/// An IPO That Popped, Then Fizzled [WSJ]

May 30, 2011  |  Blog

Watching the frenzy surrounding LinkedIn’s hot initial public stock offering a little over a week ago brought back memories of my own LinkedIn-like experience during the first Internet bubble.

In 1996, I left The Wall Street Journal to join Jim Cramer, Marty Peretz and a clutch of other folks to build something called TheStreet.com.

While LinkedIn founders bask in the glow of a high-profile, buzzy IPO, they’re probably wondering what their stock is really worth and when they’ll get to sell it.

Insiders usually face a six-month lock-up before they can sell shares. That’s so the market isn’t flooded with stock right after the offering. And that means a lot of LinkedIn insiders are watching the calendar. Its shares traded as high as $122.69 on opening day. They are already down in the $80s.

Hype surrounds a hot offering, such as LinkedIn, and the details of the ensuing months are covered more episodically. Folks move on to the next hot IPO — last week, a Russian Internet company, Yandex (“The Russian Google”), grabbed headlines with a hot offering. Its shares soared 40% on opening day.

With the success of LinkedIn and Yandex, other companies are busily huddling with lawyers and bankers to get in line for their own IPO. Big names out there include Facebook, of course, but also Groupon, Zynga and LivingSocial.

Anything that can fit into the Social Network/Internet box now looks like a hot ticket. But as my own experience can attest, the markets are fickle. Bankers talk about “the window,” meaning the period when the market will gobble up certain offerings. Windows, by definition, open — and close.

But for today, the LinkedIn folks are contemplating something else: sudden wealth. And that goes for the founders, with their huge stakes, as well as a lot of the rank-and-file you won’t read about. Holding shares in a hot IPO feels like “free money,” especially for people who have lived much of their life toiling for a salary and the odd bonus.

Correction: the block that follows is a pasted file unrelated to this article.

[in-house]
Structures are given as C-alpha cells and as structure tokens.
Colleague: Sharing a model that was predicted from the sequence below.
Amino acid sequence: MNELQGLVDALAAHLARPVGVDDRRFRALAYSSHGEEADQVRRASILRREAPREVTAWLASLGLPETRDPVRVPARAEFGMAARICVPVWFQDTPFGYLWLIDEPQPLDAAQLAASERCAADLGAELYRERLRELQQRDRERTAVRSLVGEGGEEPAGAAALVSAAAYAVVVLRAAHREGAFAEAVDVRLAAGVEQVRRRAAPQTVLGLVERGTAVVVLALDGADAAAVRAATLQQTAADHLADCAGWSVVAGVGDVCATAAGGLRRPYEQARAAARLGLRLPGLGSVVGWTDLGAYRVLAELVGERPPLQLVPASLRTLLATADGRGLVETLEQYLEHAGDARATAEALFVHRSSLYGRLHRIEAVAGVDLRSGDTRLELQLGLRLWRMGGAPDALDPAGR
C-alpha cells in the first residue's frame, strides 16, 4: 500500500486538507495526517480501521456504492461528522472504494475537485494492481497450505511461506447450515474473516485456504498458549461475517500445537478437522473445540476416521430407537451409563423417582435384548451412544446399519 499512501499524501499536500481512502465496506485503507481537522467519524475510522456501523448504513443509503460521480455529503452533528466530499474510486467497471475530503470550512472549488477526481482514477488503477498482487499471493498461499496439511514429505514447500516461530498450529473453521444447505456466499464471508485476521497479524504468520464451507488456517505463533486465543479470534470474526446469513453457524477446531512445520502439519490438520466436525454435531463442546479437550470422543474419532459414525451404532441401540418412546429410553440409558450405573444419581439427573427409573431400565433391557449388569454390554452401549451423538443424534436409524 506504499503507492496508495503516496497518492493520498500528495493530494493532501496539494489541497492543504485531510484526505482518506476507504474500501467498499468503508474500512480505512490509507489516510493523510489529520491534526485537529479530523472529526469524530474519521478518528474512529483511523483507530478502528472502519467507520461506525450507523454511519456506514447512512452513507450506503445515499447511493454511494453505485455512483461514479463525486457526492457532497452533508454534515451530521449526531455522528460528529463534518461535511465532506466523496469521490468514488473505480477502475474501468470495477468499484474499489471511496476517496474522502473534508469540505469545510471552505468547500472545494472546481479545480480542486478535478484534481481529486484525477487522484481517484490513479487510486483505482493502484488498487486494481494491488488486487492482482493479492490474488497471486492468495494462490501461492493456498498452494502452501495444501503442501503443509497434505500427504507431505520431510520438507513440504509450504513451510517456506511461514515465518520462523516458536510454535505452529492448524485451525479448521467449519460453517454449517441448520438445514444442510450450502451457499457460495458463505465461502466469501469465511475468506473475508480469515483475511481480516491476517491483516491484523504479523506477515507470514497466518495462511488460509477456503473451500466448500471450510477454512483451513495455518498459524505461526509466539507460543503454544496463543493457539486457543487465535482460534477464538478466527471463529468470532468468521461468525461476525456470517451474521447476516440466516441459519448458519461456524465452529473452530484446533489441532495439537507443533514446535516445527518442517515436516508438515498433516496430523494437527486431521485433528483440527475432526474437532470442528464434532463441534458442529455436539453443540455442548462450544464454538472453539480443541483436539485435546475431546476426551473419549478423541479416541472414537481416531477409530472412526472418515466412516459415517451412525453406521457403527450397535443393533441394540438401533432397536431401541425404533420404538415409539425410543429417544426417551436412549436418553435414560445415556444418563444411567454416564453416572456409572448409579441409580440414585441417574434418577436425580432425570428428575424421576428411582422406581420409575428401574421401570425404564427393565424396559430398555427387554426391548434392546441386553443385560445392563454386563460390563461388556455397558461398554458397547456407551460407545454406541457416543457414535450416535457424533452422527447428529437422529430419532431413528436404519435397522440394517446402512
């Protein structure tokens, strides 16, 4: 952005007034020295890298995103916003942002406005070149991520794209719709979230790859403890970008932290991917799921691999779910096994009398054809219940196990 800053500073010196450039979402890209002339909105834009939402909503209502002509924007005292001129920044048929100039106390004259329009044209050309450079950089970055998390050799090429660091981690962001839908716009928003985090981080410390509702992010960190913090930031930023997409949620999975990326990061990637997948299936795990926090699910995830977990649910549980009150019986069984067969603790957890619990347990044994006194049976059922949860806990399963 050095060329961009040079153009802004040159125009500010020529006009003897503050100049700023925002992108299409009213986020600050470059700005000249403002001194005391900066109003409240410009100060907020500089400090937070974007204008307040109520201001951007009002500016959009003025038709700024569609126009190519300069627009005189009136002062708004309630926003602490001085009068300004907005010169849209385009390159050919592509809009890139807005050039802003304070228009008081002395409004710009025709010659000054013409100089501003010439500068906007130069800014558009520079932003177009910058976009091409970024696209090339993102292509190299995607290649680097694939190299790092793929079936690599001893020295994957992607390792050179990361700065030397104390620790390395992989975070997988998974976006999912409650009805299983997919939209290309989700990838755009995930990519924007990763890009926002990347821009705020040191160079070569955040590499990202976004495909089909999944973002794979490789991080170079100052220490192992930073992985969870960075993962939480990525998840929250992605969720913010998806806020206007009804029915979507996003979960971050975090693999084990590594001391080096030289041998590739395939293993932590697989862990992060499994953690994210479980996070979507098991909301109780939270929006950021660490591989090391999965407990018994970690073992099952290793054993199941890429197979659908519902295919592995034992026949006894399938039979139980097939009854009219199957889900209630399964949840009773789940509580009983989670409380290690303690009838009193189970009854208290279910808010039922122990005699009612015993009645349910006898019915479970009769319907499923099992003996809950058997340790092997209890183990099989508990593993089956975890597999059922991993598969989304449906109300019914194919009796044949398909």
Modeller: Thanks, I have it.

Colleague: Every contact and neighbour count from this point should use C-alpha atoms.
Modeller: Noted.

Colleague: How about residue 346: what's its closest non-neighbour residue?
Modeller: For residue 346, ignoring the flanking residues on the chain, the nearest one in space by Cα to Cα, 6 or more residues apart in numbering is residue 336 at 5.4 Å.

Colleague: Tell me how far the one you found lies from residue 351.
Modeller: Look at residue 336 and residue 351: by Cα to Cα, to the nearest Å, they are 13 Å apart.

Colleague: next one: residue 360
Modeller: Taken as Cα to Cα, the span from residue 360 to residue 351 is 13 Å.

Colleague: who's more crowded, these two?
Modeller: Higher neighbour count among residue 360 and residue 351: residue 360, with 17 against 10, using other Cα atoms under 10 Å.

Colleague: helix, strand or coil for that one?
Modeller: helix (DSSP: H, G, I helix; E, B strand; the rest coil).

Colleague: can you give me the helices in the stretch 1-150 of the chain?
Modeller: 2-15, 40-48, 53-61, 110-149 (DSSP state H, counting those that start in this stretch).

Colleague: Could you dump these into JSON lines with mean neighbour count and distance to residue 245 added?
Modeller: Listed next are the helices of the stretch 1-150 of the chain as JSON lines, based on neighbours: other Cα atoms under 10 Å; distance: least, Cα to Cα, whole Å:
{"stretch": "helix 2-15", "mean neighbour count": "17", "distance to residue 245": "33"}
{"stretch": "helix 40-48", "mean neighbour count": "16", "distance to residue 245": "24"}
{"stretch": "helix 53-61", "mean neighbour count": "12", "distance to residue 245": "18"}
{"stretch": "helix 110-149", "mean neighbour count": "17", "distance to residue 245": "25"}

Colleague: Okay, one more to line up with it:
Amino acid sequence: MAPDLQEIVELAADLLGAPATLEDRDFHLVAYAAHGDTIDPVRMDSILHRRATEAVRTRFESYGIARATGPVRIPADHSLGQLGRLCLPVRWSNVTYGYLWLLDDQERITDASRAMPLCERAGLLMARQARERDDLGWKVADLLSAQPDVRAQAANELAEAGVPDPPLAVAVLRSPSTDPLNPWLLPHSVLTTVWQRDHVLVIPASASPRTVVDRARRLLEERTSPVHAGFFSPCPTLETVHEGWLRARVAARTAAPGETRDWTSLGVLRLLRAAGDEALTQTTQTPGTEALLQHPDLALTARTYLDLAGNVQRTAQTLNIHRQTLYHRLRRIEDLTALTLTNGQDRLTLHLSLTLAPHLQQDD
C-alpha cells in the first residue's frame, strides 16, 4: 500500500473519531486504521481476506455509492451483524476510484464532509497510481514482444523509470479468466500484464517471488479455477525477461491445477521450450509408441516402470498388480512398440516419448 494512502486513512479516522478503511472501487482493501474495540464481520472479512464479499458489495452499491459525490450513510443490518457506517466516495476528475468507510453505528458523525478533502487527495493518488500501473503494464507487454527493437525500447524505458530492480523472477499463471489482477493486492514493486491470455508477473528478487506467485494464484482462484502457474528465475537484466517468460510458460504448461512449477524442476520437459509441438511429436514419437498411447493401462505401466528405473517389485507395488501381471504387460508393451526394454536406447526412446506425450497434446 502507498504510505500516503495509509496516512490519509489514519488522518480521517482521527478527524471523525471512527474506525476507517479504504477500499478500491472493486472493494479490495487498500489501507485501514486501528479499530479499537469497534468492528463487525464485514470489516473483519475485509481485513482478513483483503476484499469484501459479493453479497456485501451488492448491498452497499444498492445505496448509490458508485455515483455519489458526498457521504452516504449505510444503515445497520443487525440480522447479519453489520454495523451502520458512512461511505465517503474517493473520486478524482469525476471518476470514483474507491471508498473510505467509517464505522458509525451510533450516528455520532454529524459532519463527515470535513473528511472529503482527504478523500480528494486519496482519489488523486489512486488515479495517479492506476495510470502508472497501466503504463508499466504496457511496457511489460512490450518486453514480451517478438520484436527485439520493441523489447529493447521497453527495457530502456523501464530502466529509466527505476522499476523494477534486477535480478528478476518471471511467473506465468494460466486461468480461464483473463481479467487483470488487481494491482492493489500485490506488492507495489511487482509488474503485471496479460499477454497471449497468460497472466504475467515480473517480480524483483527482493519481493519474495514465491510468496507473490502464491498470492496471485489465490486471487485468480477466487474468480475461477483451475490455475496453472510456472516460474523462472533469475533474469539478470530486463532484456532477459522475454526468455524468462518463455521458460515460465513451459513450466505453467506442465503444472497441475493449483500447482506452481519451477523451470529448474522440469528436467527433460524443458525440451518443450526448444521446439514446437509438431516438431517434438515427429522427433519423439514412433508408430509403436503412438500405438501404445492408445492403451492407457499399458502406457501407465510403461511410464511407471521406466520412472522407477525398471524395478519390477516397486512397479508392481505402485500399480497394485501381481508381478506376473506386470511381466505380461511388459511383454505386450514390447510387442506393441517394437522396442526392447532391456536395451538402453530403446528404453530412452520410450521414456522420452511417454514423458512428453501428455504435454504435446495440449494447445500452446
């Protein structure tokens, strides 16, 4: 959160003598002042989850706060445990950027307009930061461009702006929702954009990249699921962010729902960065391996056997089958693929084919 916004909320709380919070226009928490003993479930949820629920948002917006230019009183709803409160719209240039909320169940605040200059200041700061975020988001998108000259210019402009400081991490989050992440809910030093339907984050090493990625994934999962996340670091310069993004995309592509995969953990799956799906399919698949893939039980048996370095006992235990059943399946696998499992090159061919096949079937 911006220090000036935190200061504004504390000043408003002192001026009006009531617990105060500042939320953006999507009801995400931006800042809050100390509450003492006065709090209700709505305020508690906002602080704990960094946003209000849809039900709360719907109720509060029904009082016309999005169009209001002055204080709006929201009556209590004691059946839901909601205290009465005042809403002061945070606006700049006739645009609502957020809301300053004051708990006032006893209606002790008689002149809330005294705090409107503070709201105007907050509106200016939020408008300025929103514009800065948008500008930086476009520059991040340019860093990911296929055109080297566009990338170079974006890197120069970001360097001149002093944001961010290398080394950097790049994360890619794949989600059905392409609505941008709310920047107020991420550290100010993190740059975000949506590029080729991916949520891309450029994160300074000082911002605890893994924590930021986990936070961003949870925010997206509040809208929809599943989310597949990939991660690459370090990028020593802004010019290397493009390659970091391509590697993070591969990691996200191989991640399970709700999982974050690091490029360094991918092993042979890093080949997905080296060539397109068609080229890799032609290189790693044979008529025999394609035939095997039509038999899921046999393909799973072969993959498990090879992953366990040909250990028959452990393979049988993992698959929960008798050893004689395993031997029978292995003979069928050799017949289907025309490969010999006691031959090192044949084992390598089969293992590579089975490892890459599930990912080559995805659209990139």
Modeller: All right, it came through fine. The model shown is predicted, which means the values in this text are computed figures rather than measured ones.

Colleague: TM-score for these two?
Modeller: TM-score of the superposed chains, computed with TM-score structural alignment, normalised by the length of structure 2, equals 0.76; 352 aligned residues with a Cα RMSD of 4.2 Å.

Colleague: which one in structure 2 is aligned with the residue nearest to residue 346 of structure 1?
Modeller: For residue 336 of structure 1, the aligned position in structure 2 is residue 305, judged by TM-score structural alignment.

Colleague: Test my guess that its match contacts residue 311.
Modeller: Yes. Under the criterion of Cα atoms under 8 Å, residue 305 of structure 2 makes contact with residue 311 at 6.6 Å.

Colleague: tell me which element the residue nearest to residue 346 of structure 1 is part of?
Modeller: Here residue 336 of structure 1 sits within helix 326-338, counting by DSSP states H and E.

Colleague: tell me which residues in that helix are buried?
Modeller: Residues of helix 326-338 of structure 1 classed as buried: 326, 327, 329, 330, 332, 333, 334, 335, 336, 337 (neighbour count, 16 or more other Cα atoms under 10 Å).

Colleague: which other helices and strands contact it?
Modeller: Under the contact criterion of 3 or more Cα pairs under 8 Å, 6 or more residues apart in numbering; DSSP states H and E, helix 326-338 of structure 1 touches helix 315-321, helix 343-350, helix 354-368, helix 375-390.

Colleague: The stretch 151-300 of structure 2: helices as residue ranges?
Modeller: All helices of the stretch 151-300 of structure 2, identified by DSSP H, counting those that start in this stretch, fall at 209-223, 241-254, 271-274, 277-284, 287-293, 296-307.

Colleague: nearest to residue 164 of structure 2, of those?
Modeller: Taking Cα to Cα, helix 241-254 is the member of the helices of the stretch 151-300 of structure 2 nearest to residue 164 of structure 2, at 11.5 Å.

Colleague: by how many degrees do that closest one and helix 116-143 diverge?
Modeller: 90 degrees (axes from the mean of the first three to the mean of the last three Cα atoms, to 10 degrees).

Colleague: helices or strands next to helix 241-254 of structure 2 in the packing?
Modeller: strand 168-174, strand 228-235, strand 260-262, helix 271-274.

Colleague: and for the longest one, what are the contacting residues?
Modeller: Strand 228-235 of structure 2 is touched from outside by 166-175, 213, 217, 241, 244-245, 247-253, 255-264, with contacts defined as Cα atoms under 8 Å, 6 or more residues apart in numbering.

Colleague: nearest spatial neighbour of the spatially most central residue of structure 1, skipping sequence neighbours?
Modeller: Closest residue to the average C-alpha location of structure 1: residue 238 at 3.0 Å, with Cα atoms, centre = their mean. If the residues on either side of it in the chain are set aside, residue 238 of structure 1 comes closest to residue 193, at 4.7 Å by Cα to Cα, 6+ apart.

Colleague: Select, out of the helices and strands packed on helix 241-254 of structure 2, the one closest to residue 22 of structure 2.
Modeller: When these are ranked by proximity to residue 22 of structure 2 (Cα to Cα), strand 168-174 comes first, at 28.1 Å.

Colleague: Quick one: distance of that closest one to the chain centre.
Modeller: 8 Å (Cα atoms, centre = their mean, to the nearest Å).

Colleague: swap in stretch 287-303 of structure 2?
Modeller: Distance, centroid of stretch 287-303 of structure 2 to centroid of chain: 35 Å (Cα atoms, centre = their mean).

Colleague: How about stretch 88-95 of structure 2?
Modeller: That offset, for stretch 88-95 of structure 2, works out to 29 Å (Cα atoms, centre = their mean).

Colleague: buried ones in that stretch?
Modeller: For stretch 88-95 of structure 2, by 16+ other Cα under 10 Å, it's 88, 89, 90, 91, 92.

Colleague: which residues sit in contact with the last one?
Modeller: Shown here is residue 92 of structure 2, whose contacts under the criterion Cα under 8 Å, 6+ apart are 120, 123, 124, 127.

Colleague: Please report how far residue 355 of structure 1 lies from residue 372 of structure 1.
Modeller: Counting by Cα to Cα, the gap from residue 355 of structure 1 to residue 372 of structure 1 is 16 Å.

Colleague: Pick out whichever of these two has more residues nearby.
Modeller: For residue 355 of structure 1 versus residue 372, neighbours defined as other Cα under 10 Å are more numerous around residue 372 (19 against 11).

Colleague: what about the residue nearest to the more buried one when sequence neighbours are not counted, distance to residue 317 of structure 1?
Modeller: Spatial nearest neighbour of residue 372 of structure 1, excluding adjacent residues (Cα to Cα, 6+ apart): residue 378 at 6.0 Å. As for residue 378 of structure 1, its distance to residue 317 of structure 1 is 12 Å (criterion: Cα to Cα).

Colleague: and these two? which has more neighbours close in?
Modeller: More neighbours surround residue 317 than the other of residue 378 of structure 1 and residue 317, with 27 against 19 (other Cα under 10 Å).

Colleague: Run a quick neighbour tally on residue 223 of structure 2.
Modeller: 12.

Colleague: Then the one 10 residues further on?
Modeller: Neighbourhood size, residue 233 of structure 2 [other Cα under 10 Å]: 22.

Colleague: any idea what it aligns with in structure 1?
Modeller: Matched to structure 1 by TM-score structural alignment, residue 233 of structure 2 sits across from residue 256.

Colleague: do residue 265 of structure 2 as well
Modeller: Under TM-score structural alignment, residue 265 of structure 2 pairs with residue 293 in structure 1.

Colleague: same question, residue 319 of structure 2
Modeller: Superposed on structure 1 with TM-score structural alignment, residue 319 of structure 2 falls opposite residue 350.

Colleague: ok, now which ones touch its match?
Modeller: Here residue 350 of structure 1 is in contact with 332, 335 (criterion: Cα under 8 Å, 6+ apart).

At TheStreet.com, we rang the bell at the Nasdaq on May 11, 1999. There’s no real Nasdaq trading floor — it’s an all-electronic market. You stand in front of a screen that says “Nasdaq” and push a button at 9:30.

The stock priced at $19 the night before, and we waited several minutes for that first trade. Our stock traded as high as $70 on the first day and closed at $60, giving us a market value of $1.4 billion.

My own stake in the company that first day was worth more than $10 million. That’s a lot of money, especially for a journalist. But in the grand scheme of things, it wasn’t that much. Goldman Sachs led our offering, and their private client group offered to manage executive assets. The minimum at that time: $25 million. I ended up with Merrill Lynch (still there).

Even as the stock drifted lower, friends thought of me as the $10 million man. People wrote stories about a journalist striking it rich (not supposed to happen). My college asked me to join its Board of Visitors. Nonprofits I supported had renewed interest in talking to me. My former colleagues tracked my stock riches as they slowly bled lower, extreme envy slowly evolving into schadenfreude.

I rewarded myself with a new titanium bike and a bed (I had slept on a futon until then). I ate out more, traveled in style and probably should have bought some better clothes. I also gave money away, funding a scholarship at a Midwestern university and writing checks to my high school and two colleges I attended.

Meanwhile, we watched the calendar, waiting for the six months to pass. By the time the lock-up ended, the stock stood at about $14. I never did the math at the time, but my own pile had dwindled to around $3 million. Even then, I didn’t sell. Our Dutch investors did, however, which probably should have been a sign.

I didn’t do the math because the numbers made me nervous. At times, it was hard to believe our company was worth what the market said — or that our shares would retain their value. But, as a believer in markets, I did my best to wrap my mind around the moment.

My one folly was to buy an apartment in Manhattan at precisely the wrong time. The purchase depended on the shares remaining above $6, which my accountant assured me was a sober-minded move. The shares fell to below $1 in late 2001. I sold the place, at a profit.

One of the biggest challenges with sudden wealth is how people respond to you, which is something the LinkedIn crew is probably dealing with right now.

It’s hard to ignore the idea that people are interested in talking to you because of the bucks. Mainly because it’s often true. I found myself connecting with old high-school friends and treading warily with newfound acquaintences.

I still held most of my shares after I left TheStreet.com in July 2001. I eventually sold the remainder after returning to The Wall Street Journal. I didn’t end up with the $10-million-plus that it was worth that first day of trading. But I did just fine and have no complaints.

I do miss that apartment, though.

By Dave Kansas

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